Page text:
A winding river snakes its way across a highland tundra valley floor in Greenland above the Arctic Circle. (Photo: Jason Edwards/Getty Images)
Researchers find that hotter temperatures could be setting off dangerous environmental feedback loops...
Could the impacts of climate change include environmental feedbacks that intensify its effects?
Ecologist Julia Bradley-Cook and her team took samples of western Greenland tundra soil that grows grass and shrubs back to the lab and tested how increases in both temperature and moisture would affect the release of carbon dioxide.
They found that both types of soils released significantly more CO2 as they got warmer and wetter. Grass soils released up to twice as much carbon than the shrub soils as heat and moisture increased.
“I think about it as if you’re pouring Red Bull on the soils,” said Bradley-Cook, who led the study as part of completing her Ph.D. at Dartmouth. “As you ramp up temperatures, you’re giving the microorganisms in the soils all this energy, in an accelerated way. The grass soils are more sensitive to that Red Bull than the shrub soils.”
The grass and shrub soils “are relatively on the lower side, in terms of temperature sensitivity, than some of the permafrost soils in Alaska and in Russia,” which comprise a much larger land area of the Arctic than Greenland, she noted.
“The big picture is that there is twice as much carbon stored in Arctic soils as there is in the atmosphere,” Bradley-Cook said. “What’s going to happen to that carbon that built up in soils over millennia under the conditions of rapid climate change?”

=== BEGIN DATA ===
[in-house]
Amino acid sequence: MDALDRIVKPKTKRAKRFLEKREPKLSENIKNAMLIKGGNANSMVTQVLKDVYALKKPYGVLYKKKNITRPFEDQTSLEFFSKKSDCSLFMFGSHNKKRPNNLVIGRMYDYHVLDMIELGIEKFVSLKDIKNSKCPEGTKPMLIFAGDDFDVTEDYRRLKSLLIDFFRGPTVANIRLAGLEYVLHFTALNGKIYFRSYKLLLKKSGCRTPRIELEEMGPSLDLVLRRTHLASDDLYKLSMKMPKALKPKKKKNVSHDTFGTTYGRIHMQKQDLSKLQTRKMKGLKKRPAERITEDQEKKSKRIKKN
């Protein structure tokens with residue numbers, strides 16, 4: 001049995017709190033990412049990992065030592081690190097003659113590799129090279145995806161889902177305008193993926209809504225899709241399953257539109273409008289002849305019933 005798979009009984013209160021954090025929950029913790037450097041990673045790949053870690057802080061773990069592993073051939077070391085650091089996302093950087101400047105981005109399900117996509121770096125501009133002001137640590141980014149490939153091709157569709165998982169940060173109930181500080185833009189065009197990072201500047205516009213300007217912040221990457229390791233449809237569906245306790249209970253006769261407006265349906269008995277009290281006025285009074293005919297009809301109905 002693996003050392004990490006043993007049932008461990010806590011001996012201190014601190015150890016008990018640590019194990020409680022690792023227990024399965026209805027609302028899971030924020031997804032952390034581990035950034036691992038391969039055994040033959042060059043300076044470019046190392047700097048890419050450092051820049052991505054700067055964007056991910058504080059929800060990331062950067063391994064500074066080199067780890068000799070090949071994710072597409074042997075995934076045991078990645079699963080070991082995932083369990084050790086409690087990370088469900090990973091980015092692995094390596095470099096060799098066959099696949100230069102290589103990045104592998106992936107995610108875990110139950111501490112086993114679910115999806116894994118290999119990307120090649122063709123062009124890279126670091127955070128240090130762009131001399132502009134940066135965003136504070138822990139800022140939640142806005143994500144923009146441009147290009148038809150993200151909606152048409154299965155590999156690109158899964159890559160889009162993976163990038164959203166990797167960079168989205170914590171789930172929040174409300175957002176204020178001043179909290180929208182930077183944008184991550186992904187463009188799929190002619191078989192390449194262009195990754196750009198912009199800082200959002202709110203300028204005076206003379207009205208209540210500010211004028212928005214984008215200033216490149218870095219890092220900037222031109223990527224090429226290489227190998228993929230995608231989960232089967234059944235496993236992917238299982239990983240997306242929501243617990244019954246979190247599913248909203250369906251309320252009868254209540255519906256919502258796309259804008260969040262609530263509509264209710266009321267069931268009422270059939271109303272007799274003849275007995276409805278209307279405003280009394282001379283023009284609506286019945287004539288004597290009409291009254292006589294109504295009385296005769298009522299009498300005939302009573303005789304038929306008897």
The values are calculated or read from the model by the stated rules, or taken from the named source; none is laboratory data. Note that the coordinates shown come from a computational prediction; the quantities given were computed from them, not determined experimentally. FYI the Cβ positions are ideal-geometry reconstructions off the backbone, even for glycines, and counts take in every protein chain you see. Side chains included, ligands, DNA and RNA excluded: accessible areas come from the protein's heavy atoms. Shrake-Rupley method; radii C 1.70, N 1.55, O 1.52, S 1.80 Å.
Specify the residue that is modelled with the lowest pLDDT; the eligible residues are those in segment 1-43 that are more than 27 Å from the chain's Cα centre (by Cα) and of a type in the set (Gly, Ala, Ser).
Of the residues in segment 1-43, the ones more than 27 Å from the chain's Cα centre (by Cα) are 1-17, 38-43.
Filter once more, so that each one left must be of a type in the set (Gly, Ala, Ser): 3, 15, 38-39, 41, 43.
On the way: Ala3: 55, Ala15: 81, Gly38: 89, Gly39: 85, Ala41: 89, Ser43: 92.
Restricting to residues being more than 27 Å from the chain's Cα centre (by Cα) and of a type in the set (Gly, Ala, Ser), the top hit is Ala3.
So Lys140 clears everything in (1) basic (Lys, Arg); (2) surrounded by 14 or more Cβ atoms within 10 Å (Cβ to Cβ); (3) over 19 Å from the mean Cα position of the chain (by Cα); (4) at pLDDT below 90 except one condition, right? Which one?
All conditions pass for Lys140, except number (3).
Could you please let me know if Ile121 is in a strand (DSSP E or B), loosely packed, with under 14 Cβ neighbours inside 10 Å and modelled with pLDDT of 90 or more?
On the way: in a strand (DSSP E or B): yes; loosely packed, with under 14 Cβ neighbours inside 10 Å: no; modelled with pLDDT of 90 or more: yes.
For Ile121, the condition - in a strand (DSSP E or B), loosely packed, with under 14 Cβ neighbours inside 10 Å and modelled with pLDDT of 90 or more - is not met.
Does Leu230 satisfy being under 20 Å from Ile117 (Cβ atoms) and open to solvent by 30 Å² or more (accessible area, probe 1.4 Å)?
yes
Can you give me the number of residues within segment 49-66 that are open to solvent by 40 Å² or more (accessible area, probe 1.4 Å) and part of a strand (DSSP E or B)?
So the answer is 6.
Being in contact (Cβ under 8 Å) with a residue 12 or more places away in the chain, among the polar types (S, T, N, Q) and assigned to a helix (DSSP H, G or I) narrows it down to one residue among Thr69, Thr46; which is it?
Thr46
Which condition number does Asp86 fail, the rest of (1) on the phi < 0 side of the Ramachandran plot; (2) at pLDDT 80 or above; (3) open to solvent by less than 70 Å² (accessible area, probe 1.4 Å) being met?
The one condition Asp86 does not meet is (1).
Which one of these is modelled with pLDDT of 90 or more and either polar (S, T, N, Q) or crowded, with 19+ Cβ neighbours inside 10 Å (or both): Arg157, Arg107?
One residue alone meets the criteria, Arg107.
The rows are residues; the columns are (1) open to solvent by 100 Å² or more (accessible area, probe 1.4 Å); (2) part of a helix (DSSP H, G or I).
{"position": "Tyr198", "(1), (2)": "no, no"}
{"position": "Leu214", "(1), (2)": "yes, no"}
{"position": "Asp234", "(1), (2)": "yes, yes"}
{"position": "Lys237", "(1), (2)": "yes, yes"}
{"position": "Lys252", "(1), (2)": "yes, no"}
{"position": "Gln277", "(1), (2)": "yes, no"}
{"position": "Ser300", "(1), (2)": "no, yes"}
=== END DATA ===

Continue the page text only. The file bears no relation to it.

GRID-Arendal, a Norwegian research center affiliated with the United Nations Environment Programme, estimates that Arctic soils hold about 1.8 trillion tons of carbon.
Bradley-Cook acknowledged that her research, which was published in the journal Climate Change Responses, looked solely at how much and the rate at which CO2 was leaving the soil and did not measure how much was being stored at the same time.
So the question of how much carbon Arctic soils are releasing compared to how much they’re sequestering from the atmosphere remains open.
But “there is warming in the Arctic already,” Bradley-Cook said. “We are observing changes in permafrost depths—so, the thawing of permafrost. That would introduce new carbon into the atmosphere from those soils.”
In February, temperatures across the Arctic soared as much as 7.2 degrees Fahrenheit above the 1951 to 1980 average, according to the Colorado-based National Snow and Ice Data Center—blowing away the maximum warming target of 3.6 degrees (2 degrees Celsius) that nations agreed to in last year’s Paris climate accord.
The National Oceanic and Atmospheric Administration confirmed on Thursday that February’s global temperatures set a new heat-increase record by departing 2.18 degrees (1.21 degrees Celsius) from historic norms.
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